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Deep Learning Approach for Automatic Wrist Fracture Detection Using Ultrasound Bone Probability Maps

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Wrist fractures are currently examined using radiograms, resulting in undesirable radiation exposure in children. Ultrasound is fast, safe, and highly sensitive to fractures, making it ideally suited for wrist examination in emergency departments (ED). However, ultrasound images are difficult to interpret, resulting in high variability in assessment depending on the reader’s expertise. We developed a new machine learning (ML) technique to detect fractures from 3D ultrasound (3DUS). We generate bone probability maps using local phase (LP) information in each ultrasound frame, combine these into a feature sequence, and analyze the same to predict the probability of fracture using three variants of recurrent neural networks (RNN): vanilla RNN, long short-term memory (LSTM), and gated recurrent unit (GRU) models. This approach was validated on 30 3DUS volumes, each of which was assessed by a radiologist for the presence of a fracture. RNN, LSTM and GRU gave 83%, 90%, and 87% accuracy when compared to clinical assessment by expert musculoskeletal radiologist, with GRU giving the most balanced sensitivity and specificity. The automatic assessment technique is reliable in detecting wrist fractures from 3D ultrasound and can be used as a valuable ED triage tool for fracture detection.

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The ultrasound data used in this study is not available for public access as institutional policy.

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The source code is not available for public access in line with our IP policy.


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Dr. J.J is supported by the AHS Chair in Diagnostic Imaging and Canada CIFAR AI Chair, and his academic time is made available by the Medical Imaging Consultants (MIC), Edmonton, Canada. We acknowledge the support of the TD Ready Health and Alberta Machine Intelligence Institute (AMII) for funding this project, Alberta Emergency Strategic Clinical Network and Alberta Innovates for clinical scanning, and Compute Canada in providing us with computational resources including high-power graphical processing units (GPU) that were used for training and testing our deep learning models.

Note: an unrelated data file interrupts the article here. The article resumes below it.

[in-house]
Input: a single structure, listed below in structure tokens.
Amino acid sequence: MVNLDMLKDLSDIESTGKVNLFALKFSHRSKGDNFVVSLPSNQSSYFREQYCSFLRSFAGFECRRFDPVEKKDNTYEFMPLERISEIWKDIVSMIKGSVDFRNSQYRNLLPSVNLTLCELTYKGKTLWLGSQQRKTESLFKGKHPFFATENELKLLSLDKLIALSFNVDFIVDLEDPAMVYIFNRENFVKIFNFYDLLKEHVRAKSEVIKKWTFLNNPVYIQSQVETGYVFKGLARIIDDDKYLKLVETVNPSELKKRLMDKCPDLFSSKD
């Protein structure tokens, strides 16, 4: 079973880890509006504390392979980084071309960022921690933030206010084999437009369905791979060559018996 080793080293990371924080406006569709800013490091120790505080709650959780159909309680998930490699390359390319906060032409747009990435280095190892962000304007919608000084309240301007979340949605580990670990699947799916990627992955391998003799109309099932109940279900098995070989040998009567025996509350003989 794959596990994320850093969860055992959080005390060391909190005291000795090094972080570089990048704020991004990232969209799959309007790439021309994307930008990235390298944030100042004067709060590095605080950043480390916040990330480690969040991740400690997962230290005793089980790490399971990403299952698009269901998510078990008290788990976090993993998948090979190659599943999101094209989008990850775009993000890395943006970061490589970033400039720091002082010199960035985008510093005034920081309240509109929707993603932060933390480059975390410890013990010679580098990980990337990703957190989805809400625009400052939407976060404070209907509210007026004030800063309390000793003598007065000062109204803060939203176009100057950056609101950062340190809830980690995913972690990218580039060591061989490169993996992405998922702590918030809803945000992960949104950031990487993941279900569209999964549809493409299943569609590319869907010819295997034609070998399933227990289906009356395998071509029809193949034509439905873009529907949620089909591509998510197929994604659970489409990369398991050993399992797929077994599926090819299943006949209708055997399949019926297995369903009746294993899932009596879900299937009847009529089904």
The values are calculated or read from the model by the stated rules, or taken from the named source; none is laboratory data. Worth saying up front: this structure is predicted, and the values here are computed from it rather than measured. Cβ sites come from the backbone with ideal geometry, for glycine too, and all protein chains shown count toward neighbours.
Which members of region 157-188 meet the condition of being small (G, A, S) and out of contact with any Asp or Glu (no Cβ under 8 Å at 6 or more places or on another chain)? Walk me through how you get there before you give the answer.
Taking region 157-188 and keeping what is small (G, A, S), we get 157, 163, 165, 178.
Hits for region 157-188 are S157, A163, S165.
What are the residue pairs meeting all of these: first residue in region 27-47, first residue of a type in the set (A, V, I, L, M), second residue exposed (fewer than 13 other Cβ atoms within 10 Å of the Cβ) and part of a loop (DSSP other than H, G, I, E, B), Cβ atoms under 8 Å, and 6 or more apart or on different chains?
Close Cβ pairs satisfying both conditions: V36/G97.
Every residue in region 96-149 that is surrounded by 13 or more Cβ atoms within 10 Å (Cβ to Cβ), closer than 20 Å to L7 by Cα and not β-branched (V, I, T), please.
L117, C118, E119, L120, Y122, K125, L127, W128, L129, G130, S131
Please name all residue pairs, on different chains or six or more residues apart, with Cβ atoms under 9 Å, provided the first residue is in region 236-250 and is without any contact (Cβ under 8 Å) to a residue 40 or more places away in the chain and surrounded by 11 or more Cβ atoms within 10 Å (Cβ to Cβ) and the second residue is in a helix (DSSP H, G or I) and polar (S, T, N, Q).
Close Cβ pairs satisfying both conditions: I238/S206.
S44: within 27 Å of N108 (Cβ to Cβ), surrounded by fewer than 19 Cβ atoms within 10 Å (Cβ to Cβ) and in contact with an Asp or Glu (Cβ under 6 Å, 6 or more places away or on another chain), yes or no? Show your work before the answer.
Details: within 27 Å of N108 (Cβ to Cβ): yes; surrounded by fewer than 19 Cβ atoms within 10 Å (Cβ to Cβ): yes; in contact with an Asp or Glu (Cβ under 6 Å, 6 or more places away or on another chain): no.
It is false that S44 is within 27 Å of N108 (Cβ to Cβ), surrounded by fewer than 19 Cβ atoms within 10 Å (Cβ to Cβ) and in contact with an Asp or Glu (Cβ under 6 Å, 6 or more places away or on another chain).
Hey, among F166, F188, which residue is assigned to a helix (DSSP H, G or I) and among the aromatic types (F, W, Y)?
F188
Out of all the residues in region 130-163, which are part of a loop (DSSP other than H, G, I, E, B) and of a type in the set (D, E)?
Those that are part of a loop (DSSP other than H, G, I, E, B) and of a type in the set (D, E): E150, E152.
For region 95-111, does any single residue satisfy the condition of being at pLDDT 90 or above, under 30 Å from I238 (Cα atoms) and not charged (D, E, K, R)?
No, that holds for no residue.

This research was funded by the TD Ready Health Grant and Alberta Machine Intelligence Institute (AMII).

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Authors and Affiliations



ARH: conceptualization, literature review, methodology, software development, data analysis, writing — original draft preparation. AT: software development, visualization, writing — review and editing. MRP: conceptualization, methodology, software development, writing — review and editing. JZ: data collection, conceptualization, writing — review and editing. NB: data collection, conceptualization, writing — review and editing JJ: project supervision, conceptualization, funding acquisition, writing — review and editing.

Corresponding author

Correspondence to Abhilash Rakkunedeth Hareendranathan.

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The study was conducted in accordance with the Declaration of Helsinki and approved by the Institutional Review Board (or Ethics Committee) of University of Alberta Hospital.

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Informed consent was obtained from all subjects involved in the study.

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All authors have agreed to publish this work in its current form.

Competing Interests

The authors of this manuscript declare relationships with the following companies: J. J was a co-founder of Inc. — a company that develops AI-based solutions in medical ultrasound, which has since been acquired. Other authors of this manuscript declare no relationships with any companies whose products or services may be related to the subject matter of the article.

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Hareendranathan, A.R., Tripathi, A., Panicker, M.R. et al. Deep Learning Approach for Automatic Wrist Fracture Detection Using Ultrasound Bone Probability Maps. SN Compr. Clin. Med. 5, 276 (2023).

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